Glimpsing the Holocaust in post-war British detective fiction
2019-03-22T12:48:21Z (GMT) by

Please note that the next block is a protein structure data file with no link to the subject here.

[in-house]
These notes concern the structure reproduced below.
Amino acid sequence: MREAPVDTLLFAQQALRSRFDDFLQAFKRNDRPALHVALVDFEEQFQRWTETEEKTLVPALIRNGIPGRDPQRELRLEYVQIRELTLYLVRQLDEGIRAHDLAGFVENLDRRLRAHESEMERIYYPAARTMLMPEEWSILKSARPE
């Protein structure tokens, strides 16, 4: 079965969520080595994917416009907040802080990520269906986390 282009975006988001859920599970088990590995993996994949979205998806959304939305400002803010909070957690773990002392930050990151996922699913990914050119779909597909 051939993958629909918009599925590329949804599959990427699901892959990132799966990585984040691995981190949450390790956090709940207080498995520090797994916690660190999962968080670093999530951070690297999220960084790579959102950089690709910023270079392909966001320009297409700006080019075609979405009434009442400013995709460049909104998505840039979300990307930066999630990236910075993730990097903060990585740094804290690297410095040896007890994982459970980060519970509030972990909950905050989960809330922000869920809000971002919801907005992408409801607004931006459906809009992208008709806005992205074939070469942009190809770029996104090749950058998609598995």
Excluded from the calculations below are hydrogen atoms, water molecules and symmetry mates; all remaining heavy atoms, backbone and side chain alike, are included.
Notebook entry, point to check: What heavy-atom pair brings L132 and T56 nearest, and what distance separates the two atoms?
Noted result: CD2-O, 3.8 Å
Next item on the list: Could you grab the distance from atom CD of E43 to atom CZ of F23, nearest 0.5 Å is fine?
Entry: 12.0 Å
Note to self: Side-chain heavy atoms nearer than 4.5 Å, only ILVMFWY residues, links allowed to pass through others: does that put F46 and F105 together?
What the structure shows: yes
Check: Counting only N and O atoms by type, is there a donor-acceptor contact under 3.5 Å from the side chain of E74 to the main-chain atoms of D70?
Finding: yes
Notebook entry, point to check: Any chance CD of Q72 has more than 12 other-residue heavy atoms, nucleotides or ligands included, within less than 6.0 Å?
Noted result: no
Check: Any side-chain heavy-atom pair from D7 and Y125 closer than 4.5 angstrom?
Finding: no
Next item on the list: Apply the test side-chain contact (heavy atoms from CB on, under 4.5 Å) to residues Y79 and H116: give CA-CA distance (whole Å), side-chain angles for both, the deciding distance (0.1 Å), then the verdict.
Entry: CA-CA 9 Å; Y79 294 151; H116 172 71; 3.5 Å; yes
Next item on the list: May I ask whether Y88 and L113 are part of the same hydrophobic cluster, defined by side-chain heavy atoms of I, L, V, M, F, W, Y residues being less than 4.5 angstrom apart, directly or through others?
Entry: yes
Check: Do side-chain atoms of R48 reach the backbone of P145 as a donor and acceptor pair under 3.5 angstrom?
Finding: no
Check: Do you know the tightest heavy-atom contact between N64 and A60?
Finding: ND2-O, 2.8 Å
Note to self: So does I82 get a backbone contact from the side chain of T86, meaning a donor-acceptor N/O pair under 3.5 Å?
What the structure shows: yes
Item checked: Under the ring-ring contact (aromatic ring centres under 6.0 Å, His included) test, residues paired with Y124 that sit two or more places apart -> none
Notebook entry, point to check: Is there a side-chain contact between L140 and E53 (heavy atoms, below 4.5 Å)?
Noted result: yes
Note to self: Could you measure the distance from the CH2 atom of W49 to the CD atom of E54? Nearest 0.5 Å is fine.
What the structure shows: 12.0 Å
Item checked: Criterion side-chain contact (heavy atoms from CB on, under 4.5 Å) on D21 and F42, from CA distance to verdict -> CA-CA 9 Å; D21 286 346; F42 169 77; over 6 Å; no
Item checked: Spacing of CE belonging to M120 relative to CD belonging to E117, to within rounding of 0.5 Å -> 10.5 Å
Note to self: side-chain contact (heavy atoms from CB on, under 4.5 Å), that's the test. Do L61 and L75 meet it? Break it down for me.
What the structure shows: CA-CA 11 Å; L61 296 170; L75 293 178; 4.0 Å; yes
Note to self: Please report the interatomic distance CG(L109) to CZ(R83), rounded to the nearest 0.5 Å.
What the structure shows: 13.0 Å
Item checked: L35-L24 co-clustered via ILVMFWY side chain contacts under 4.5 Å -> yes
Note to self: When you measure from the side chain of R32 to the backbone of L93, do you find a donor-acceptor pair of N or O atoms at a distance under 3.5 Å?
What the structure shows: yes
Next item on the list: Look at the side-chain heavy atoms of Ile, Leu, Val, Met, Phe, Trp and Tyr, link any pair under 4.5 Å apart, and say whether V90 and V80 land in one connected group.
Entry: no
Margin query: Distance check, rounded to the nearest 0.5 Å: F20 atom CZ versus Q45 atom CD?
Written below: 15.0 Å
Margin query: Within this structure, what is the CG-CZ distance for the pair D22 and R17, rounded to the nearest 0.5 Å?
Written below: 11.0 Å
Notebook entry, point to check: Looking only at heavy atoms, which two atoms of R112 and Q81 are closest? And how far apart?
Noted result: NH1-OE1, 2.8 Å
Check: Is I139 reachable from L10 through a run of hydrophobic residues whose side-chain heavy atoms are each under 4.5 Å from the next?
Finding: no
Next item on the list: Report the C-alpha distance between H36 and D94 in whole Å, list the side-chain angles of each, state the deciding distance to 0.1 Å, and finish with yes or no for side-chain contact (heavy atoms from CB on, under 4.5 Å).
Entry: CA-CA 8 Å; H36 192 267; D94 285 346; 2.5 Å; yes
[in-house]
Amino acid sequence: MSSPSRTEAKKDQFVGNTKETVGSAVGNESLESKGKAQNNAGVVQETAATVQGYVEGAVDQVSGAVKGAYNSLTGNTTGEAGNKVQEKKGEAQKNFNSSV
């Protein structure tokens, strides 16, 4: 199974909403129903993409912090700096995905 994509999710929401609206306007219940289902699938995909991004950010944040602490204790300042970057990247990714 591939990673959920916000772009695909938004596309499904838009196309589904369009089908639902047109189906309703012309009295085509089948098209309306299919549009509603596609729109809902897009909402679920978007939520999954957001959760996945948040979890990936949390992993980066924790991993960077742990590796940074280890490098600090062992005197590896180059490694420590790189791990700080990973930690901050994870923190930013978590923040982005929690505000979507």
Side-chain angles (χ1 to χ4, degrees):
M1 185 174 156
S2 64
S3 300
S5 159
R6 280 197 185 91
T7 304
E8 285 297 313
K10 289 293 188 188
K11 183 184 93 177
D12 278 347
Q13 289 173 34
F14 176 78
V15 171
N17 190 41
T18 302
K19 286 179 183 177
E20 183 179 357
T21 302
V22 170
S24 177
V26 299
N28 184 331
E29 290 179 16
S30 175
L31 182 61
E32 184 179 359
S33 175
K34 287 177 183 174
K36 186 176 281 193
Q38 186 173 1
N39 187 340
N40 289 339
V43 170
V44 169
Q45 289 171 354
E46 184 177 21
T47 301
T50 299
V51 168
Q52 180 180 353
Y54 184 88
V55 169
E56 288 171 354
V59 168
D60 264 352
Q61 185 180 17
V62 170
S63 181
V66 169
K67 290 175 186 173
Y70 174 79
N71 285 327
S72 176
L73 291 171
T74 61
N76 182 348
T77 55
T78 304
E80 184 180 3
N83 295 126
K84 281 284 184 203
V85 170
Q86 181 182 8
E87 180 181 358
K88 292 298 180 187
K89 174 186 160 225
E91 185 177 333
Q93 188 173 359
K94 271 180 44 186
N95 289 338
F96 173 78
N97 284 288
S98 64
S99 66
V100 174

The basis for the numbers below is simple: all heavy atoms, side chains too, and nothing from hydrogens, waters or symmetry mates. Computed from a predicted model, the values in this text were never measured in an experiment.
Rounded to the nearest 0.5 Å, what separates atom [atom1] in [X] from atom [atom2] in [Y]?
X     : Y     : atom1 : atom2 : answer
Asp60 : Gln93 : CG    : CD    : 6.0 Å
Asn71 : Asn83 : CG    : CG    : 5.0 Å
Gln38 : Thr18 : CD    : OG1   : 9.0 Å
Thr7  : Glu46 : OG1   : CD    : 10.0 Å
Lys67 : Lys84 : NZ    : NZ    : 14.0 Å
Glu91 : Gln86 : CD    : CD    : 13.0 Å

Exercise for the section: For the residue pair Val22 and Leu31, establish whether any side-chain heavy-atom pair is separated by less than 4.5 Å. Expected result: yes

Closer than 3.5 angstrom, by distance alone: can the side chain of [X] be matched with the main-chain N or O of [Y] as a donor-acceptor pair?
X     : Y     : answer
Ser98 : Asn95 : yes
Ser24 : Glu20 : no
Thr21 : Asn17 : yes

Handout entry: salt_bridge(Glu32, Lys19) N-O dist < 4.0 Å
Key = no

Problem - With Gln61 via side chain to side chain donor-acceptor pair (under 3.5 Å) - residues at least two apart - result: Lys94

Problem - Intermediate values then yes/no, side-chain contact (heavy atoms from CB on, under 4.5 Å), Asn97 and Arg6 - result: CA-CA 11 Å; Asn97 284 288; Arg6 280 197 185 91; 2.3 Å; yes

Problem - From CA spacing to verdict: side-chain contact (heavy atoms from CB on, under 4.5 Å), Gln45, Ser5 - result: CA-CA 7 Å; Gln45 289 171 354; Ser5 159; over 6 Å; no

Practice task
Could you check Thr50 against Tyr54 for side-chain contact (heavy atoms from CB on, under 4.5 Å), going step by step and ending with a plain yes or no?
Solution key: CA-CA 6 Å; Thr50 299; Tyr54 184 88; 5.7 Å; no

Scholars including David Cesarani have noted that there was no concerted effort to represent what we now term the Holocaust in British fiction of the immediate post-war years. What can be found in novels from the late 1940s and early 1950s, however, are suggestive glimpses of how British understandings of the Holocaust were beginning to develop. Detective fiction is a useful point of reference because in the interwar years this form was typically based on simplified or even stereotyped characters, with the war years and the post-war period signalling a turn to greater realism. As Gill Plain has argued, detective fiction expresses a desire both to see and to evade seeing the dead body. Plain explores this as an expression of post-First World War cultural anxieties but, in the wake of the widespread circulation in Britain of images of the opening up of the concentration and death camps, such ambivalence takes on a particular significance. Examining two quite different examples, Agatha Christie’s A Murder Is Announced (1950) and Ellis Peters’s Fallen into the Pit (1951), Stewart’s article reveals contrasting early engagements with the Holocaust. Both novels feature peripheral characters who are refugees from Europe, and whose stories, although told only in fragments, nevertheless destabilize the process of reinstating order that is the usual narrative trajectory of the detective novel. Stewart will argue that such glimpses of the Holocaust are as telling about contemporary attitudes as more concerted, explicit and direct engagements might be.